• Albert Banks
  • Alex Runde
  • Brett McCoy
  • Caleb Loffer
  • Daniel Parker
  • Eddie Paik
  • Elliott Antal
  • Katelyn Sellers
  • Liz Hill
  • Mallory Starnes
  • Mark Conachan
  • Michael Chatten
  • Myjive
  • Ron Edelen
  • Shelton Clinard

Inspiration Requires Perspiration

It’s hard to be creative on demand, but there are some simple creative strategies you can employ to make it easier to create beautiful, unique and inspiring work.

To create is to cause to come into being, as something unique that would not naturally evolve or that is not made by ordinary processes. To evolve from one’s own thought or imagination, as a work of art or an invention. Everyone has the capacity to be creative and contribute to the creative process through their own experiences, perspectives and feelings.

Creative Suite can be a crutch

It’s easy to fall into the bad habit of depending on Photoshop or Illustrator as the sole utility which we use to create art, and that makes for a very narrow view. It’s so easy to throw a filter on it, use a pre-made brush or find a handwritten free font online, but that can limit your creative vision and it’s not very inspiring.

Get off the computer and create something

Sketching and scanning is your best friend. You can make your own textures with paint, pens, markers, charcoal or other media and scan them in to create unique layering elements and scatter brushes. It’s so much more gratifying to create your own assets, and it saves you the hassle of having to search for the perfect texture online. You can also photograph your own textures for layering as well. Experiment with drawing your own type forms, icons and other unique elements. Explore possibilities beyond paper. In college, I once used a piece of acetate on a scanner sprayed with water to scan in water droplets. There’s really no limit to what you can scan.

Sleep on it

You can definitely over work your creative mind. Sometimes you just have to step away and work on something else, or give an idea a few days to marinate in your mind. It sounds silly but this works for me about 99% of the time. I really liked this quote from an article I read about creative inspiration, the author said “Inspiration requires perspiration.” That’s so true. Getting inspired is an important part of the creative process that is often overlooked. Good work doesn’t come easily. Sometimes we need to get our hands dirty and create our own unique assets. In the end, it’ll make you more proud of your work than if you just used stock or freebie assets.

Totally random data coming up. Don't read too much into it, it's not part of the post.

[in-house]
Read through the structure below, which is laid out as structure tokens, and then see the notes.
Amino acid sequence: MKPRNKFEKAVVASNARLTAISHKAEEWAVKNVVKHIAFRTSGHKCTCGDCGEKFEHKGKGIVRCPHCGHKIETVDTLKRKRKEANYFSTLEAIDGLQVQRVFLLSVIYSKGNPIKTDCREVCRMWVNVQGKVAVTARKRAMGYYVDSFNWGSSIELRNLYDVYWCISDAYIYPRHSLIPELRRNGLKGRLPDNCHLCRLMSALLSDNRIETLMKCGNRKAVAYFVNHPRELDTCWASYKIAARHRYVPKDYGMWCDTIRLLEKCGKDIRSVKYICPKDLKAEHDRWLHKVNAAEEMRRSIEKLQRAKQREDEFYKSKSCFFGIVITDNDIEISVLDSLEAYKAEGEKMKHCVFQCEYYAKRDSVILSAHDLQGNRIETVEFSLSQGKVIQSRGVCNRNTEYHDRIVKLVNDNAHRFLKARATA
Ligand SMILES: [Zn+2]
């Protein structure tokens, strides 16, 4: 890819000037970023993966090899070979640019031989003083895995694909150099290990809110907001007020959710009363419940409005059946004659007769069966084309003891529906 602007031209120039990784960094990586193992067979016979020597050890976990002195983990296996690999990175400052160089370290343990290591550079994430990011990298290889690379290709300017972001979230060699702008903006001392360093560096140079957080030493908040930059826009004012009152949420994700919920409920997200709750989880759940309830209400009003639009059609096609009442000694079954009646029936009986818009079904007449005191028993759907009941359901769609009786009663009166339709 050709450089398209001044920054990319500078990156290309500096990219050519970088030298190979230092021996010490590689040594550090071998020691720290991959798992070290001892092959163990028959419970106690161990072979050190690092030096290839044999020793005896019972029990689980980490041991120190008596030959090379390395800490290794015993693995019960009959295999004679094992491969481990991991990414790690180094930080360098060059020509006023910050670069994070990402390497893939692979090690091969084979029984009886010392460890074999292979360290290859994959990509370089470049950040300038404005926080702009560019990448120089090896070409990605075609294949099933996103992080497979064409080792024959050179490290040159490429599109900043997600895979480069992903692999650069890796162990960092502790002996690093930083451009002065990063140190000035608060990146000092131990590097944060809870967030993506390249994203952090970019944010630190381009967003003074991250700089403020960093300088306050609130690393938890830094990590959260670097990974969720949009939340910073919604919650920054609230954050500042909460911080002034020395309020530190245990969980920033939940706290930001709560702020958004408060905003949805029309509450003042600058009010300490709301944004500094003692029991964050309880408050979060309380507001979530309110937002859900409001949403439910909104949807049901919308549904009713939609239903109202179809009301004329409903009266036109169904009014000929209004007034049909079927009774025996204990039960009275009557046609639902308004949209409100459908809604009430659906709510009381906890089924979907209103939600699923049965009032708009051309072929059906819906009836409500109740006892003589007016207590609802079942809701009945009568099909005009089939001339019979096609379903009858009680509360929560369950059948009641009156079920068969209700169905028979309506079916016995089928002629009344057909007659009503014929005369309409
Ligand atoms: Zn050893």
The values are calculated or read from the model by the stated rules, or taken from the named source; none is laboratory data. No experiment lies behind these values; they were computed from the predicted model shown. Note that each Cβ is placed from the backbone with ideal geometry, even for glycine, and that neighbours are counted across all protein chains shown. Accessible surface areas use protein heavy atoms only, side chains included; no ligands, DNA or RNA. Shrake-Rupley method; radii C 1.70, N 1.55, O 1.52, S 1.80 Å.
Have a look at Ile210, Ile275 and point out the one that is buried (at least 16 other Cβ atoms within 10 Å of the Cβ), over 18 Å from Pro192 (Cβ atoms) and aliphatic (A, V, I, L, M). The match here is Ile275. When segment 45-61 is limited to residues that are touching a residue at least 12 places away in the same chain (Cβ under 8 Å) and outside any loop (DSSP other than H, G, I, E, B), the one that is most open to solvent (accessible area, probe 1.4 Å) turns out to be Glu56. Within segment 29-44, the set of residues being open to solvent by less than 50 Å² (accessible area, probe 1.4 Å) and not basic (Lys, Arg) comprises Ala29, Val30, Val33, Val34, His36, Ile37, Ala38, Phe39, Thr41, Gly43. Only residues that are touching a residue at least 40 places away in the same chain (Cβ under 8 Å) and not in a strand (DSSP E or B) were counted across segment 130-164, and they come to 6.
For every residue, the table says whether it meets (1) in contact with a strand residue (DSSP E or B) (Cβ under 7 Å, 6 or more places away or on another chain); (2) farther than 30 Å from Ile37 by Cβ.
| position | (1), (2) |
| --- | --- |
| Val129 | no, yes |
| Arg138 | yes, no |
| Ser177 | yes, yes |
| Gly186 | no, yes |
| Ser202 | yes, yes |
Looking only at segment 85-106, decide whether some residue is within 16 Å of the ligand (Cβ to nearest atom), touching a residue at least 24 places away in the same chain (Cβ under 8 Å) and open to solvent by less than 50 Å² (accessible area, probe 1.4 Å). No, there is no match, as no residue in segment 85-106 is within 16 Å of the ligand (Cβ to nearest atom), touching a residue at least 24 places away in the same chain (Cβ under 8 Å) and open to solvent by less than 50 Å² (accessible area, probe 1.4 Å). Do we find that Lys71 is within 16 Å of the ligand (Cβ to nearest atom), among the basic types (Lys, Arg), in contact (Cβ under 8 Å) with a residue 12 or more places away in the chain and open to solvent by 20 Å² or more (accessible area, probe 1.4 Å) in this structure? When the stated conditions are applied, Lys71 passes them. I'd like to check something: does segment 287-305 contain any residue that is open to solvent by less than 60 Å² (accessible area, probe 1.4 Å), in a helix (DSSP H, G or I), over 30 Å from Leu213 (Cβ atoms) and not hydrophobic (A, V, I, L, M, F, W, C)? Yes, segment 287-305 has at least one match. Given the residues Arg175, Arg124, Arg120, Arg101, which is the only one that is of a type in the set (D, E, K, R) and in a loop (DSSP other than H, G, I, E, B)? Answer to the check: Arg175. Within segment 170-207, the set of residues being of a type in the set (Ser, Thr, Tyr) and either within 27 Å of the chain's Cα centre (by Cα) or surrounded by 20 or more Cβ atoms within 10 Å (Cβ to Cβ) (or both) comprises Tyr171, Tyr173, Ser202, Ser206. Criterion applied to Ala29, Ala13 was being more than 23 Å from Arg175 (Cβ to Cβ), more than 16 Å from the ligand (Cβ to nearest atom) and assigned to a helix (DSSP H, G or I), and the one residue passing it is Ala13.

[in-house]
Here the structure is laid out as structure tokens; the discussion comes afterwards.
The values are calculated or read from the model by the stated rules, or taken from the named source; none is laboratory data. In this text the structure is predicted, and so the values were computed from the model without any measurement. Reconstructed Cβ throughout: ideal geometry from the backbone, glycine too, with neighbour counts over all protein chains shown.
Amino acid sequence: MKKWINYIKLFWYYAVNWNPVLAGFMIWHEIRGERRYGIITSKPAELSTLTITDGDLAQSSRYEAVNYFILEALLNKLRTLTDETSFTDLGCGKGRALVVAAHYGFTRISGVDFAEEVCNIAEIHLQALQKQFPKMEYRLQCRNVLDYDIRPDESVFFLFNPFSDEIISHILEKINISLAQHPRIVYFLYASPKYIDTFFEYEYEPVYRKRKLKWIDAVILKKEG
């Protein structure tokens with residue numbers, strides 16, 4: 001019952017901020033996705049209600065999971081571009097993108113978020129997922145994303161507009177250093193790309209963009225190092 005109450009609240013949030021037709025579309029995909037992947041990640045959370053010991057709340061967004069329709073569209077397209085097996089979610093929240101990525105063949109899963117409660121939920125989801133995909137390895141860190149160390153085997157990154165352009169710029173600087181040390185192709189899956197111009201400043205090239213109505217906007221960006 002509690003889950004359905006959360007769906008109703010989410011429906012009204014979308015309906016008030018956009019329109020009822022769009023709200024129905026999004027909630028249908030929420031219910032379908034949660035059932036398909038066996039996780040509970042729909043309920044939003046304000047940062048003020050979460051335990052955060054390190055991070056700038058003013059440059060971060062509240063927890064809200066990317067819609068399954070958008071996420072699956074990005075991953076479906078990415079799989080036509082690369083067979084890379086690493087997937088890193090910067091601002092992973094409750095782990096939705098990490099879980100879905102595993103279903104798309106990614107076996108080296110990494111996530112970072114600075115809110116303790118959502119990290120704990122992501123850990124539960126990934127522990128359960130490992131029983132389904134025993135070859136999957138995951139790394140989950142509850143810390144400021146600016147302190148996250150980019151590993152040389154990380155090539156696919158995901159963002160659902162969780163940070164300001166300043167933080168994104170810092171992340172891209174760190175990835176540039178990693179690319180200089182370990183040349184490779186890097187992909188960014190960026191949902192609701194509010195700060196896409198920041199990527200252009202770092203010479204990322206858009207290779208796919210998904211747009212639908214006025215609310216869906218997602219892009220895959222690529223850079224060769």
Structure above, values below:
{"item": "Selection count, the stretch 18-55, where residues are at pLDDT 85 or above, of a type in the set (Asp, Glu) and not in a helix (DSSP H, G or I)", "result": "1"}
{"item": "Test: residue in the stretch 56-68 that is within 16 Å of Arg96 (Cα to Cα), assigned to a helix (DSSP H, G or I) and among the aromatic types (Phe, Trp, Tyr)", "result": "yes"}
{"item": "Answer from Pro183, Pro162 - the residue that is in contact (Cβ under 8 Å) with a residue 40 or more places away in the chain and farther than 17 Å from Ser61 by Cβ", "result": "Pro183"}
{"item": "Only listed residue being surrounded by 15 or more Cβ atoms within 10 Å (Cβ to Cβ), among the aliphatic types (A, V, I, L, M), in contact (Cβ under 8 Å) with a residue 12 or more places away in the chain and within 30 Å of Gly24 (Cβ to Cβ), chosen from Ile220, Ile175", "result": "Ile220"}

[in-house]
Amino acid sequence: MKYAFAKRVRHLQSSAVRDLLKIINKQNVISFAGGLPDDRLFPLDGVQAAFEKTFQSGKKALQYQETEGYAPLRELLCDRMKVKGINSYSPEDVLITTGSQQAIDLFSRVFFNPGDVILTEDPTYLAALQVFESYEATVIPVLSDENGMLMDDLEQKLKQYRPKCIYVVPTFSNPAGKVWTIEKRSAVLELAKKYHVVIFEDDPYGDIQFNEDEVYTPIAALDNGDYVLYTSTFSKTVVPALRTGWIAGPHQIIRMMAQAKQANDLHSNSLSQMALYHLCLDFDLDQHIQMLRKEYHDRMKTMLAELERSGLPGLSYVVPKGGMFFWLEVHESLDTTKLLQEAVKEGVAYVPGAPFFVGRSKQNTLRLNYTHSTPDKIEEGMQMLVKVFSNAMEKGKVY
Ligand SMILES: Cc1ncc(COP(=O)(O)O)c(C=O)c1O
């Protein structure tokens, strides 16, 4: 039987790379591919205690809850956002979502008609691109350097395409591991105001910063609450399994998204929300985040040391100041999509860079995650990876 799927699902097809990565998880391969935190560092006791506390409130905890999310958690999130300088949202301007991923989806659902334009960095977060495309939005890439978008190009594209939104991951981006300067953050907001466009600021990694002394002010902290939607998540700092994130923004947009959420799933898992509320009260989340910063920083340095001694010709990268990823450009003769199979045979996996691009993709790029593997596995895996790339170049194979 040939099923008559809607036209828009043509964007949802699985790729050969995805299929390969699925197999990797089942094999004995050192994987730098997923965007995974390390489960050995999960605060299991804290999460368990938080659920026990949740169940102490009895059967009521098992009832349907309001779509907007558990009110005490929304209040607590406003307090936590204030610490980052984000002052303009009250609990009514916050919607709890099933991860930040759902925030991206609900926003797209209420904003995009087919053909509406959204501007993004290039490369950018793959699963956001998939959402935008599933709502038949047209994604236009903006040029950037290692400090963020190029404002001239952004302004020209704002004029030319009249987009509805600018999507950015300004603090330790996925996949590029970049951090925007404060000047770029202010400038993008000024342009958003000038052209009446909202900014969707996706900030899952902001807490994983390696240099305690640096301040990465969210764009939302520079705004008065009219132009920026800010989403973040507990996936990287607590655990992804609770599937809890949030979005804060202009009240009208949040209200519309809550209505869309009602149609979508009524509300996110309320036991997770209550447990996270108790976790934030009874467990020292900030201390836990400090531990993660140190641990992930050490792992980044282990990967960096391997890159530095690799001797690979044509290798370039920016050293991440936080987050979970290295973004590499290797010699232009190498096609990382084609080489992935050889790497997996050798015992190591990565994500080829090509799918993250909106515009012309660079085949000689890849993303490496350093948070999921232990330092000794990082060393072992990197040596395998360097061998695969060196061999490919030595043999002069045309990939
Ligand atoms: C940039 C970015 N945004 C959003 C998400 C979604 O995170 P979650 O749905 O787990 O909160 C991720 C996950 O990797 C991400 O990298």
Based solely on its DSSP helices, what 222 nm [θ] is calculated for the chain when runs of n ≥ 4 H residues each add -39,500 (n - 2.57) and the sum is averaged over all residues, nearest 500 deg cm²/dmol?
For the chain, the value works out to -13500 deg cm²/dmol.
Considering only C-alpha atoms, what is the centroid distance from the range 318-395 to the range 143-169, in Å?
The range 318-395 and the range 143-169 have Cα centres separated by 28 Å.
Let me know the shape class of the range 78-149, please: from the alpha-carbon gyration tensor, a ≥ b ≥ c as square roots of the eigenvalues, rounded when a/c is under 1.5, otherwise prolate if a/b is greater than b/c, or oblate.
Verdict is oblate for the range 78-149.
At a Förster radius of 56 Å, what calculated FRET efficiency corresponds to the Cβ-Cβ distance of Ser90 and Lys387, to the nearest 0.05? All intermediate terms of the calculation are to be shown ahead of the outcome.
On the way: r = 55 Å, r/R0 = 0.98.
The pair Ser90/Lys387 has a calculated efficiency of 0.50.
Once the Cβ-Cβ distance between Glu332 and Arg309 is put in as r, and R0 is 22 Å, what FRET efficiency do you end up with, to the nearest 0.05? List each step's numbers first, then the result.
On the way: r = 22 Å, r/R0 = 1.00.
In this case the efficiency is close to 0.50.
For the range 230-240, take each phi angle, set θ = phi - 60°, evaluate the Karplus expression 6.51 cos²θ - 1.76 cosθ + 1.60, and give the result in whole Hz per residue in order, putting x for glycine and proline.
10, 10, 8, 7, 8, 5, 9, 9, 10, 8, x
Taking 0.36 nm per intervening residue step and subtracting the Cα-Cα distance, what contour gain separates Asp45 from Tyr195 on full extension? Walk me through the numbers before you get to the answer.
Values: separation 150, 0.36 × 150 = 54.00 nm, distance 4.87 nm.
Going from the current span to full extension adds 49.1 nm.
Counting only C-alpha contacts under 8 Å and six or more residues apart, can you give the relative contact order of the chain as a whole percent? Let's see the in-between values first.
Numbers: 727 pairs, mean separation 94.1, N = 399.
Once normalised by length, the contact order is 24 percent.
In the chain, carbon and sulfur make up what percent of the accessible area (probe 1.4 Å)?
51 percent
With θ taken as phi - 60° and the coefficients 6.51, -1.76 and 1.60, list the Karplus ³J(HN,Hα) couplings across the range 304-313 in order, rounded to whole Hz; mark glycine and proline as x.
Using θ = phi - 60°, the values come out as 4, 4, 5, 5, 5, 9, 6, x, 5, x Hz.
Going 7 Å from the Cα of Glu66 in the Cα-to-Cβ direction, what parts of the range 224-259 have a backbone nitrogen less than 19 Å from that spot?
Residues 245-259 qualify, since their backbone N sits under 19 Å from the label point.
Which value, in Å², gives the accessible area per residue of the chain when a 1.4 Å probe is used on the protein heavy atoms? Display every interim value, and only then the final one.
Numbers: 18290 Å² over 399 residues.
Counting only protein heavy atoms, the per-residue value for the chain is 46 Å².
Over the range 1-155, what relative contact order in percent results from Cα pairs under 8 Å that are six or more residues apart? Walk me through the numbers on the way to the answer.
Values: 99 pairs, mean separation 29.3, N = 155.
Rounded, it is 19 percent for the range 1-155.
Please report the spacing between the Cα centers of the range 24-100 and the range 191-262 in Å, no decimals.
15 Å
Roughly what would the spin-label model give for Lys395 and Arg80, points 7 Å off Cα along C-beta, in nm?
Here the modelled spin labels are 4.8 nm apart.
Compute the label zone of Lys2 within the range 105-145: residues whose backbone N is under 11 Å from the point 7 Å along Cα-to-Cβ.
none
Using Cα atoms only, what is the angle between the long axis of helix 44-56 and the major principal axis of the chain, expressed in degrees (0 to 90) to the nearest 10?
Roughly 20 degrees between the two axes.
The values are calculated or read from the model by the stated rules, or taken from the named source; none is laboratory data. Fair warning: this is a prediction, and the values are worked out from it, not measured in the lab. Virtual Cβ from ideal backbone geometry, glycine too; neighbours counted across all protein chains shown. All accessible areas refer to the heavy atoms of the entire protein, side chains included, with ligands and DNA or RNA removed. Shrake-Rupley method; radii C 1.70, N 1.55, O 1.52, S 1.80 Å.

Question everything

Question your design decisions. Ask yourself “Why am I doing this?”— am I doing it because it looks cool or because it supports the brand or message? Design decisions that have conceptual reasoning are easier to defend and generally make more sense. Sure old engraved ornaments look pretty cool, but if it doesn’t relate to your subject matter then it’s just confusing for the viewer and you’re not going to be able to explain to a client why you chose that element or how it relates to them. Design is not just about style, it’s also about communication. Your design, imagery, typography etc. should be inspired by and support the content and personality of your client and the message that you’re trying to communicate.

Sheep image by Christian Wiedel.

Do something different

Break out of your comfort zone, challenge yourself to do something different. Following design trends might be comfortable and easy but long-term success requires a unique approach. Challenge the status quo, push against the accepted to make things better for the viewer but do so with reason. Be prepared to explain why this new way is better and more relevant to the client’s needs. Trends are temporary, but good design that communicates a message free of fluff will ultimately stand the test of time. Look outside your industry for sources of inspiration: Architecture, Fashion, Photography, Industrial Design, Editorial Design, Music, Fine Art etc. can all be extremely helpful resources. I often pull color inspiration from fashion spreads or interior design. Finally, follow your heart. If you’re passionate about photography, take photographs and read photography blogs. It may not directly relate to what you do professionally but it can be a source of inspiration for that work.

Remix versus plagiarism

When you’re learning it’s okay to copy people, we all learn new techniques by mimicking the work of others and practicing. Your design is inspired by your experiences and influences. If you’re really into one or two designers and you only ever look at their work you will eventually rip them off. To prevent this, you should diversify your inspirations. The more work you look at the more diluted your inspiration will be and the less likely you’ll be to rip someone off. Copying is not illegal but it’s not ethical. The design community is a tight one, if you are too heavily influenced by someone else’s style someone is bound to notice and point it out. Unless the work is an obvious homage you could be in big legal trouble and possibly ruin your reputation.

On the other hand, it can be argued that there is no such thing as a truly original idea. We’re all influenced by each other—we build upon ideas and put our own spin on them to create derivative but unique work. Our ideas are a mashup or remix of other ideas that we’re encountered. New York-based filmmaker Kirby Ferguson produced a four part video series on the subject called Everything is a Remix. I would definitely recommend anyone in the creative field to watch it.

Sources and references

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